He’s gone! I must have busted him out. I knew this would happen. Oh well… I would’ve been a little upset if I ever truly believed I had a chance at this buck.
I stood up, slung the gun on my shoulder, and dug my GPS unit out of my pocket. I stared blankly at the screen as it tracked and tracked and tracked for satellites. There’s nothing more tedious than waiting for the GPS to track in thick timber. My eyes lifted and floated around the forest. What direction did he go, I wondered.
As my gaze drifted to the right, my lethargic eyelids suddenly flashed wide-open; my heart stopped. Fifteen yards away, a massive, tall, sweeping, 4-point antler stuck directly out from behind a large tree trunk. On the other side, the long gray line of a deer’s back extended outward.
No thoughts, just action.
In one motion my left hand opened and the GPS went into free-fall. My hand flashed to the butt of my gun. The GPS was halfway to the ground as my gun twirled like a baton in front of me. My right hand caught the gunstock and lifted it to my shoulder. The GPS bounced inaudibly as the gun’s muzzle swung towards the buck.
Too late. Heavy hooves dug into the ground with a loud thud and every trace of that monster buck instantly vanished into the woods. Frantically I aimed at the crashing and snorting of my invisible foe, but he was gone.
And that was that. Nothing left but a haunting technicolor image of a huge antler sticking straight out of a tree trunk, burned forever in the forefront of my long-term memory. For the duration of the hunt I beat myself up for my failure.
I am tempted to leave the story right there, but habit forces me find the good in the bad. I knew then, as I know now, that my biggest mistake was over-estimating the buck, and under-estimating myself. I failed because I accepted failure from the start. I had him in my hands, if only I’d been patient. If only I had believed this one burning truth: that he was “just a deer” and not an impossible phantom.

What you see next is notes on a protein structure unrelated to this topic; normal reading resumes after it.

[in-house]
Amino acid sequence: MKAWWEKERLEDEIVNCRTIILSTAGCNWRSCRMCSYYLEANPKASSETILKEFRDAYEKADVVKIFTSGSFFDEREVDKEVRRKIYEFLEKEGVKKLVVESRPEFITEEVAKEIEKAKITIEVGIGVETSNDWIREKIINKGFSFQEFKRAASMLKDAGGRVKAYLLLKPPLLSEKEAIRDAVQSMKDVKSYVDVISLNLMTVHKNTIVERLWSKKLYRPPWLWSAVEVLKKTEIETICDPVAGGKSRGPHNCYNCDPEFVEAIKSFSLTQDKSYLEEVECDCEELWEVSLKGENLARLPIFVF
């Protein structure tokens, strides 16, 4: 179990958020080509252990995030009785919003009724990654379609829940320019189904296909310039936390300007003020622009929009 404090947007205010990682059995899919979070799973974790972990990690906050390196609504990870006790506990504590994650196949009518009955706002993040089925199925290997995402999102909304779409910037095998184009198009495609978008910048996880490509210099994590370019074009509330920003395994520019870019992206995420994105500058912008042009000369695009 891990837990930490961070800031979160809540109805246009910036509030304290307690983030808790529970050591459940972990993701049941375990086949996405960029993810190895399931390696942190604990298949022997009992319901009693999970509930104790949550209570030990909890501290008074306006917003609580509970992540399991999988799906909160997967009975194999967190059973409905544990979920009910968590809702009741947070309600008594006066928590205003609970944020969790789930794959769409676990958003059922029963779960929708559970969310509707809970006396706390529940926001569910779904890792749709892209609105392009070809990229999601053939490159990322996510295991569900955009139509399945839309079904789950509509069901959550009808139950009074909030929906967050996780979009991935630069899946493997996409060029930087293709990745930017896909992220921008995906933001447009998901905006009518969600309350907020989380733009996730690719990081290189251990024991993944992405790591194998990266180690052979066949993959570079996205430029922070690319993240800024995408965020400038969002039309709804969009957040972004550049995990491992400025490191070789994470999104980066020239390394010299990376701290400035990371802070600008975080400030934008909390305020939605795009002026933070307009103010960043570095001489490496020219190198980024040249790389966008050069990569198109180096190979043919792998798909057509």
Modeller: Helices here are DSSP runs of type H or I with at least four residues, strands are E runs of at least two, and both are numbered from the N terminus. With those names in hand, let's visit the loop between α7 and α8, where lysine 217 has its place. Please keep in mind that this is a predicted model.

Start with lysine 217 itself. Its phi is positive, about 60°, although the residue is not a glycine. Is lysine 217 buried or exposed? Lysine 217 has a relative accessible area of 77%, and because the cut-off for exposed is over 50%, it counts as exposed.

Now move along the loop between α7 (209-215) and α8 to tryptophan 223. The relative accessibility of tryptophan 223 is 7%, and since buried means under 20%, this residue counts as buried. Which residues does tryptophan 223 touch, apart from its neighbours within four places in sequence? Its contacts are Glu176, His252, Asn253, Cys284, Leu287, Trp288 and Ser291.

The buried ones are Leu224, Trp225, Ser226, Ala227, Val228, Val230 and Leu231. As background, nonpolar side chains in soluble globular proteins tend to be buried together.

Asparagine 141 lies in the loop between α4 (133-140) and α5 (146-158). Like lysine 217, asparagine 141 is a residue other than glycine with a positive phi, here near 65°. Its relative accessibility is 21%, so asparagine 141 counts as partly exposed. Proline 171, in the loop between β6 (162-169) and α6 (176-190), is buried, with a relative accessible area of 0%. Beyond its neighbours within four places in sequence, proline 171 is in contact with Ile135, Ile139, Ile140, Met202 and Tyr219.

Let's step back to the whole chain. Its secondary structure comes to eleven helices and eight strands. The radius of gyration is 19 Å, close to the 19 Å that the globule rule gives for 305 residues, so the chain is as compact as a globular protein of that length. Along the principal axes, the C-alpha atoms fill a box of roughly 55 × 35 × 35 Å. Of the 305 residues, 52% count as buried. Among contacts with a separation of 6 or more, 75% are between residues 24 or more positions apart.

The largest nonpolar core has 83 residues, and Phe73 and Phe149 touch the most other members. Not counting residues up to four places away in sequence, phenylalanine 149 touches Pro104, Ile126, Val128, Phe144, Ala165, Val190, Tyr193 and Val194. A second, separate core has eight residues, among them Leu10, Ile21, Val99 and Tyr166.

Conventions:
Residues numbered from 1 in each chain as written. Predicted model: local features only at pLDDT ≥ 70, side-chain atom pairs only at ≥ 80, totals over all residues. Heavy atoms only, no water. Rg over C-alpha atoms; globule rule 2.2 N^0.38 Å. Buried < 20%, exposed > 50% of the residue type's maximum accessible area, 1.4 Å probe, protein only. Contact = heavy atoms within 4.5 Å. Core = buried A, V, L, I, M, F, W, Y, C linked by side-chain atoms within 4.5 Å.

If you’re following this blog, I apologize for my 6-week absence, the longest hiatus away from my writings yet. I guess I just needed to re-find my Zen.
As a general rule I don’t like to complain, but the past few months, as we transitioned into springtime, has been rather difficult for me. Here are just a few examples:
I’ve been consistently let down by family, friends, and work associates.
Having my taxidermy tanner disappear with my pelts that I need to run my taxidermy business.
Ever-increasing pain and difficulties with my right shoulder which has put a serious damper on the one thing I love doing most: shooting archery.
My little “adopted” feral cat, Pickles, was viciously killed by the local dominant tom-cat.
I had to shoot my old pet goat, Walter, when he became too weak and feeble to even sit up any more.
Then my first turkey hunt was a disaster. After fighting through torrential rain, snow and mud, the giant tom I stalked and shot in the last hour of the hunt ran off with my arrow, never to be found. That was the breaking point.
But again, I hate to complain too much because I know EVERYONE is fighting a har battle–that’s just life. Still, when too much happens at once, a person can lose his inspiration, his drive, and even his Zen.
How can I write inspired Zen-prose when the well is dry? Fortunately, the answer is gradually becoming clearer, and is two-fold:
First, life is difficult so that we might become stronger. As they say, “the axe is sharpened by friction.” Overcoming adversity is closely associated with the meaning of life: we are here to learn.
Second, my life is currently sad and deflating, but later it’s going to be amazing and beautiful beyond comprehension. There is always balance; yin and yang. The universe demands it! So I guess it’s just a matter of time and perspective. While stewing in my misery, I can simultaneously glance in the mirror and see a blessed and healthy being staring back with a loving, bowhunting wife his side. I can look outside my window and view deer feeding and pheasants strutting around in my wild and green backyard in the country. Even in despair I can see that I’m living the ife I always imagined.
In the end, it’s all about perspective and managing adversity. Yes, it’s taken a while to figure out how to mend myself, but I’m well on my way. My next several blog-posts will be dedicated to re-finding my Zen.